Are You Okay with the Salary Level that Comes with a Human Services Degree?
It’s no secret that a human services degree isn’t going to make you rich. In fact, social and human services is a low paying occupation because most of the positions come from nonprofit organizations.
Now, you can get jobs in other fields (i.e. human resources, etc.), but you may need to have more specialized education to get hired. In this case, you need to decide if the human services degree is going to benefit you more or if another major would be a better fit.
Although money may not be top-notch in this field, don’t let it hold you back if you truly have a passion or helping others. As long as you are aware that the salary levels are lower than business people or engineers would get paid, then you won’t be caught off guard when you get a job offer down the road.
Do You Know How to Handle Stress Well?
Human services is a rewarding field, but it can also be physically, emotionally, and mentally exhausting. It’s not uncommon to hear about workers changing fields because they have reached ‘burn out’ level and don’t want to work under stressful conditions anymore.
Ask yourself these questions when considering how well you handle stress:
- Are you able to separate work life from home life?
- Do you practice self-care?
- Do you have a coping strategy you can use when you’re feeling overwhelmed?
- Do you get too emotionally invested in things?
What Experience Do You Have?
Getting experience in the field is one of the best ways to determine if a human services degree is truly the right fit for you. If you don’t have any experience yet, I encourage you to sign up as a volunteer at your local YMCA, food pantry, senior living facility, or other agency so that you can get some firsthand experience.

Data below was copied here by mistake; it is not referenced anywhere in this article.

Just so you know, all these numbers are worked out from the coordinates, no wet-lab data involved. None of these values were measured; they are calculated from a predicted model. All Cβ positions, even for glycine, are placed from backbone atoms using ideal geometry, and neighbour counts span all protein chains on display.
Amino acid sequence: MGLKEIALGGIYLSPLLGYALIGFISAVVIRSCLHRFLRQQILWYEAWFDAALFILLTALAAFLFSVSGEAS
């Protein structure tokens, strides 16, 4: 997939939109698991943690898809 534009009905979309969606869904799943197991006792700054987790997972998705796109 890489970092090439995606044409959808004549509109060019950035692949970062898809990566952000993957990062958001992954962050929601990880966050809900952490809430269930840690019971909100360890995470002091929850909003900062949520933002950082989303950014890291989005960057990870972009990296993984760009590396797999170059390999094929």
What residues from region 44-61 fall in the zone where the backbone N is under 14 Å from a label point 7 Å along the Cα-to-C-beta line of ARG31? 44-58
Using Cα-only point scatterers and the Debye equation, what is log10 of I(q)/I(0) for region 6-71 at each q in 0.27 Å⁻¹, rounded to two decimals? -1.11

*Check out The Best Places to Find Internships for College Students for a variety of internships, volunteer opportunities, and other activities that will help you gain experience.*
A human services degree offers a wide variety of opportunities and you may not yet know which population you would like to work with, but getting experience as soon as you can will help you decide which path is going to be best for you. Personally, I began working with children and saw myself making a career out of it. I did volunteer with some adults for a short period of time and it was valuable experience, but I also realized that working with youth was where my heart was.
If All Else Fails, Take a Career Assessment
There are tons of free career assessments available online and at local schools so that you can find out what your true interests are. When you fill these out, make sure you are completely honest so that the results are accurate. This is a great starting point if you are trying to decide between a large list of majors, or if you have no direction as to where you see yourself working in five years.
The human services degree is continuing to evolve and more schools are adding it to their list of majors every year. By asking yourself the questions above and evaluating what your true career goals are in life, you should now have a good idea of whether a human services degree would be a good fit for you.